Opportunities for students to monitor their learning are found in the Assessment Handbook. These reflection masters can be copied and used to analyze the work from any lesson or section. Examples include:

• Assessment Handbook, Good Work!, students reflect on work they have completed and fill out the following sheet and attach it to their work, “I have chosen this work because _______.”

• Assessment Handbook, My Work, students reflect on work they have completed and fill out the following sheet to attach to their work, “This work shows I can _______. I am still learning to ______.”

• Assessment Handbook, About Math Time, students “Draw a face or write the words that show how you feel.” There are three circles with faces, a smiley face, or “good”, a face with a straight mouth, or “OK”, and a circle with a sad face, or “Not so good.” Students reflect on 6 statements, “This Is how I feel about math, This is how I feel about working with a partner or in a group. This is how I feel about working by myself, This is how I feel about solving number stories, This is how I feel about doing Home Links with my family, and This is how I feel about finding new ways to solve problems.”

##### Indicator {{'3p' | indicatorName}}

Materials provide opportunities for teachers to use a variety of grouping strategies.

The materials reviewed for Everyday Mathematics 4 Kindergarten provide opportunities for teachers to use a variety of grouping strategies.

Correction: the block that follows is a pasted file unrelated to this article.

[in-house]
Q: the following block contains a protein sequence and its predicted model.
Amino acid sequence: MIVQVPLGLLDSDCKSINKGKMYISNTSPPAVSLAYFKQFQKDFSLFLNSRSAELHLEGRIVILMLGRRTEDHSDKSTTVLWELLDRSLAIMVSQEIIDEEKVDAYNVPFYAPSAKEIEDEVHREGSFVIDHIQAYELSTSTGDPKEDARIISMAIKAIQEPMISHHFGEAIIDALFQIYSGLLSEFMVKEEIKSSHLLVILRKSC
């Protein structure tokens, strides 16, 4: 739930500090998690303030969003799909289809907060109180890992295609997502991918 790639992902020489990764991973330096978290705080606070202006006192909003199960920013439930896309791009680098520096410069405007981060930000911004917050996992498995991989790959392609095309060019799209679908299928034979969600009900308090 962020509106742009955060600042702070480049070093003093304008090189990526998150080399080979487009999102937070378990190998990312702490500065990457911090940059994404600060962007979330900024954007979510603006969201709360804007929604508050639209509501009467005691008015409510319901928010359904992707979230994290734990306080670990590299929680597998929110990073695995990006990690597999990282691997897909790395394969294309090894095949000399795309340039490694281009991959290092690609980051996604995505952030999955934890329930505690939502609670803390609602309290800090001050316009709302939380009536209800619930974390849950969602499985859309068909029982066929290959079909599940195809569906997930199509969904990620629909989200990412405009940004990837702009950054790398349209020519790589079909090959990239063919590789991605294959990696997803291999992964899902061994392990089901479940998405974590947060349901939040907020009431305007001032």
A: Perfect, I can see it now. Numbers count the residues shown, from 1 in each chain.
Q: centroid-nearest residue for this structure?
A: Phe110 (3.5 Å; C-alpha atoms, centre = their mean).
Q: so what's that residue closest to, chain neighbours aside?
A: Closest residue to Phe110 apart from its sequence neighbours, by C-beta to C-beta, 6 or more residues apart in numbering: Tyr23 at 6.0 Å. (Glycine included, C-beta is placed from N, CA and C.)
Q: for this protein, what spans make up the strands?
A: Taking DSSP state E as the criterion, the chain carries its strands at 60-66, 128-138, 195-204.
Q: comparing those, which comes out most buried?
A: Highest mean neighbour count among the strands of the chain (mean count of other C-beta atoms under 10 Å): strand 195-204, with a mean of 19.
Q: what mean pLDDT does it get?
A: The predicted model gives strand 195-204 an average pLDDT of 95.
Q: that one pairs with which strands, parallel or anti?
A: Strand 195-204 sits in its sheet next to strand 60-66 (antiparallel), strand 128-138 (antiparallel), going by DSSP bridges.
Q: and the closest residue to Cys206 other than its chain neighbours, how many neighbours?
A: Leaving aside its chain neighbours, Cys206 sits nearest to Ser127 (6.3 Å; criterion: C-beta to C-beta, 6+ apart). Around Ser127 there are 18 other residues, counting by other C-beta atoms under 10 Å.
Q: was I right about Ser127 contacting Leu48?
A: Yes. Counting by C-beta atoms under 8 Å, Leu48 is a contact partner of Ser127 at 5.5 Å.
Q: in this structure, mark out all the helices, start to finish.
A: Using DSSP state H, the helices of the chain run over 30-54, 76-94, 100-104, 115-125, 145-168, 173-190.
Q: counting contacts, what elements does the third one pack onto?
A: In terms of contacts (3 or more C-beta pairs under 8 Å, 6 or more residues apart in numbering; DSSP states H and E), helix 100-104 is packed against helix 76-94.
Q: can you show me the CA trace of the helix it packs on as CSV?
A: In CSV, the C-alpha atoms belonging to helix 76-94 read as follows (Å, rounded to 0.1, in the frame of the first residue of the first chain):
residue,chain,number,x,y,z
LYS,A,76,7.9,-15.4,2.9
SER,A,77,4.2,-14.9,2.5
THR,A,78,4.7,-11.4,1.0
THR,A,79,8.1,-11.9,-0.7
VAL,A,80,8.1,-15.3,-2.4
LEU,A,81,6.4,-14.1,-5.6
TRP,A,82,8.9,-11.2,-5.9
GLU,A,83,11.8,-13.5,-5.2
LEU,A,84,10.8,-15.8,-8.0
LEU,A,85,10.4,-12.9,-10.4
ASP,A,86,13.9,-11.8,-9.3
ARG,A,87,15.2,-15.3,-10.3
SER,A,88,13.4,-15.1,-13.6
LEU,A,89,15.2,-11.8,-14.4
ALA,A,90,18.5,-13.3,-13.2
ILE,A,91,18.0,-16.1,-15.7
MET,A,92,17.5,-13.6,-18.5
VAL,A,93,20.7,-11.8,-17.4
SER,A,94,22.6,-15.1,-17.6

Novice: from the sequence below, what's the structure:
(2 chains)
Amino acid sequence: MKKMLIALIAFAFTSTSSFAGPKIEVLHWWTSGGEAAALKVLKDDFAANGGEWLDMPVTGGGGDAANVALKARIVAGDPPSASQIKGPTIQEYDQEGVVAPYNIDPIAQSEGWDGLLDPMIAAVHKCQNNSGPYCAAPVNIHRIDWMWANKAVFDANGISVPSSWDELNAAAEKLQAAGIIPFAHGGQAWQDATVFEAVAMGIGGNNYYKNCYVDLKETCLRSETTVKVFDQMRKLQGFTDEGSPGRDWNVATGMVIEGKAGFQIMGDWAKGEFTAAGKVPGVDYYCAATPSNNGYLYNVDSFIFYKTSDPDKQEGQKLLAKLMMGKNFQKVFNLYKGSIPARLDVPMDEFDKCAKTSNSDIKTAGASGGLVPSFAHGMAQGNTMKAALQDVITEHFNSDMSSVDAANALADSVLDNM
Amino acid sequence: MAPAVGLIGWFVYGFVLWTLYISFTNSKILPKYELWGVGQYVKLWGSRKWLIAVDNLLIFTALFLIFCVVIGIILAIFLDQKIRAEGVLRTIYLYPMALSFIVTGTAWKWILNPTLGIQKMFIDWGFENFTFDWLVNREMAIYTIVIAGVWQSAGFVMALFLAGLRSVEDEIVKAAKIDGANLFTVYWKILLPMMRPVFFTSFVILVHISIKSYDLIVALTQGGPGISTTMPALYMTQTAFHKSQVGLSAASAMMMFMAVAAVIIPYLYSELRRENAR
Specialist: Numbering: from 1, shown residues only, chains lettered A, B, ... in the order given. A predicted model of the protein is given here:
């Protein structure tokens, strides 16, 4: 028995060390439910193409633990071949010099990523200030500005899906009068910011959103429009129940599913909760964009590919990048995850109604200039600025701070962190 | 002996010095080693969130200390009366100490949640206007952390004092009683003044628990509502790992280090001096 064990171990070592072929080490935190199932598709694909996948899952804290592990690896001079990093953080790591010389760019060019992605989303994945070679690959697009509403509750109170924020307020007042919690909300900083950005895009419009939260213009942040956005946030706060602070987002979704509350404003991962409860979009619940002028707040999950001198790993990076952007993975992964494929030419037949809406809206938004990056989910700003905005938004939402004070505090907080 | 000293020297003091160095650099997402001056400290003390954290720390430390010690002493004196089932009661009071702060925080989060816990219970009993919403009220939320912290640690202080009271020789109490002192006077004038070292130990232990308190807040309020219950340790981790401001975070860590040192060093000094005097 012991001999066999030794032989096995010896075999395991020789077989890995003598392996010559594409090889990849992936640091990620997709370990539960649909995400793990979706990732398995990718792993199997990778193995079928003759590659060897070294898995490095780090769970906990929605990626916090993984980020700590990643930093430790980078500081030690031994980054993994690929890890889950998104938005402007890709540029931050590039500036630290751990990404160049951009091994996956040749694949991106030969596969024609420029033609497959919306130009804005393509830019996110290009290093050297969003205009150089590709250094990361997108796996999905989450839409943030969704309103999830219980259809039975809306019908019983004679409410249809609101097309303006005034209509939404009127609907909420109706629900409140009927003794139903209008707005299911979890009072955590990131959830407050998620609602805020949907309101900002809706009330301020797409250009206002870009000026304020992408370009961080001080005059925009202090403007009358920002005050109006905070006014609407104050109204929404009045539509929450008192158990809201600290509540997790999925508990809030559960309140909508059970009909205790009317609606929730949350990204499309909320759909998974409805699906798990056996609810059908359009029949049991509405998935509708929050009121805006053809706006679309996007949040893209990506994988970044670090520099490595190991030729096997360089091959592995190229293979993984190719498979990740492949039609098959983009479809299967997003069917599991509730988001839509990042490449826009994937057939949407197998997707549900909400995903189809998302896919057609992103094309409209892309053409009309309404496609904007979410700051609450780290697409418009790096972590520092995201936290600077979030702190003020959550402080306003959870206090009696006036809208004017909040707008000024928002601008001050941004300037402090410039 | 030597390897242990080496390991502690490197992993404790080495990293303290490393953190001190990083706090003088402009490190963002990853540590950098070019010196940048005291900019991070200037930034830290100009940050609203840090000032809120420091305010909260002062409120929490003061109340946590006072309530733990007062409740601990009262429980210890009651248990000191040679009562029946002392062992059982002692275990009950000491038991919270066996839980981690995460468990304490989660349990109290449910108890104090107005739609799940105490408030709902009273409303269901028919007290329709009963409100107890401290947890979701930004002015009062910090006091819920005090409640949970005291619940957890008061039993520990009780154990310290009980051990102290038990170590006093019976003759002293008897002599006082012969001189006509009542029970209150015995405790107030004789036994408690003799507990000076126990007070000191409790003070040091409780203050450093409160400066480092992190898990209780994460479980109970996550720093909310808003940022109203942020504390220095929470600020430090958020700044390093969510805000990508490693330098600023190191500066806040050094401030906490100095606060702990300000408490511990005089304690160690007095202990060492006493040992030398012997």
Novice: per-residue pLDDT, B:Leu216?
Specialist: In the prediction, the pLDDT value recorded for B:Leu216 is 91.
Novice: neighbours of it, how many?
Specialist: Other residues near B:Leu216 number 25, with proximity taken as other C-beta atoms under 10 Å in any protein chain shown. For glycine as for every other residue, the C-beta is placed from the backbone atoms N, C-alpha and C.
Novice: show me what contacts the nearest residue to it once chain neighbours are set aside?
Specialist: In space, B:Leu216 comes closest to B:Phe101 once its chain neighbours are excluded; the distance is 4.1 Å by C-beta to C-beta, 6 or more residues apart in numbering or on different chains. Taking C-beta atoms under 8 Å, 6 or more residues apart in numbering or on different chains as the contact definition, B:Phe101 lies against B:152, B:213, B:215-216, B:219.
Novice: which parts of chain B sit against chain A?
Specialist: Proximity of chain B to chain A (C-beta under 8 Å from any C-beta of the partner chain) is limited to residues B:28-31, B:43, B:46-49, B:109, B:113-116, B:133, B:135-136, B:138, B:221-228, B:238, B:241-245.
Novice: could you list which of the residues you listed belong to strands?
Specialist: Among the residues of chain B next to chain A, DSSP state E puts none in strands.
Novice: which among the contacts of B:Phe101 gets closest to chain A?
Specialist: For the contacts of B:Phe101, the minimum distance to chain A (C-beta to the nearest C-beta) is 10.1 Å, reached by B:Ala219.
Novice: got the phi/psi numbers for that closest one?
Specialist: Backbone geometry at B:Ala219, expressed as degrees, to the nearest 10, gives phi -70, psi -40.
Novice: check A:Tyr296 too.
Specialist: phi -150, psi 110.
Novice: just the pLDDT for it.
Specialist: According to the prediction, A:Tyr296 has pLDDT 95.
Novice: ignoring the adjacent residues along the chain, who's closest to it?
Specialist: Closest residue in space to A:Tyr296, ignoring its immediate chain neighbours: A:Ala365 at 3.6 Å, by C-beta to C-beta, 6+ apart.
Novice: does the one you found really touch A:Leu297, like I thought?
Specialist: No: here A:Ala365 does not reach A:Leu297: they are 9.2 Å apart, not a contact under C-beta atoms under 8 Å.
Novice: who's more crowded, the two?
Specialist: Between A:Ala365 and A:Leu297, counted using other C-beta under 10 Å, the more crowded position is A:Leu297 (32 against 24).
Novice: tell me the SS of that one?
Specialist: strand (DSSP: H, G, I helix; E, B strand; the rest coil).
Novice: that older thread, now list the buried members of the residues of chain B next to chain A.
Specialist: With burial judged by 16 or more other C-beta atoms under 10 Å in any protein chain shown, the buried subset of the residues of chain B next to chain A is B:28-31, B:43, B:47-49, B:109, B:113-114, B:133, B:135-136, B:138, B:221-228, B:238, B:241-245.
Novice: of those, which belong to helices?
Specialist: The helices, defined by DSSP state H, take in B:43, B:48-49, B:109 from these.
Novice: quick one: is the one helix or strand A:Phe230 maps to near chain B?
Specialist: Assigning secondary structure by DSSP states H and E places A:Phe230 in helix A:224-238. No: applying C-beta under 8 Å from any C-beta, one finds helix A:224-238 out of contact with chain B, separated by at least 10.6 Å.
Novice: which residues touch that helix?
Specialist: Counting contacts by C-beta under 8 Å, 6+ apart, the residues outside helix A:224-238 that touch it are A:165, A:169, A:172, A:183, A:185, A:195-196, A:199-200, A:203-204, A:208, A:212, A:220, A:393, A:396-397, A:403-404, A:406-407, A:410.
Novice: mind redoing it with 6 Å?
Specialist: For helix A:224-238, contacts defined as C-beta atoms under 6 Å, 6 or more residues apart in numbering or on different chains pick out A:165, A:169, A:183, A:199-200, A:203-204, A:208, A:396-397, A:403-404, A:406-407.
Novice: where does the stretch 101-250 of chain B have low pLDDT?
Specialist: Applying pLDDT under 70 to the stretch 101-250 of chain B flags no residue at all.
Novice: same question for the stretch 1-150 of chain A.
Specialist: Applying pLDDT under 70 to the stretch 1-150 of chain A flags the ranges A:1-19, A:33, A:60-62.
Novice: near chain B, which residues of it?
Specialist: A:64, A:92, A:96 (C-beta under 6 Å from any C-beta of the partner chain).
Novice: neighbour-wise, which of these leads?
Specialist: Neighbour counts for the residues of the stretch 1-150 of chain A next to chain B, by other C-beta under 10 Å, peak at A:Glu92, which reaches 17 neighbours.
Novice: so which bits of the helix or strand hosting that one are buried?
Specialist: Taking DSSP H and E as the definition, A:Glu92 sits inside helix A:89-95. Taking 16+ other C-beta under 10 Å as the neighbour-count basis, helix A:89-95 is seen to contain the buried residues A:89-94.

Everyday Mathematics provides suggestions for whole class, small group, partner, and independent work. Implementation Guide, 5.2.1 Collaborative Groupings, explicitly directs teachers in establishing collaborative groupings, “Because Everyday Mathematics provides activities for various groupings, teachers may want to plan seating arrangements that allow students to transition between whole-class, small-group, and independent work efficiently and with minimal disruption. Flexible grouping allows students to work with many other students in class and keep their interests high. Mixed ability, heterogenous group allows students to learn from each other by having opportunities to hear the thoughts and ideas of their peers. Homogenous groups allow the work to be differentiated to meet the needs of all in the group.” Examples include: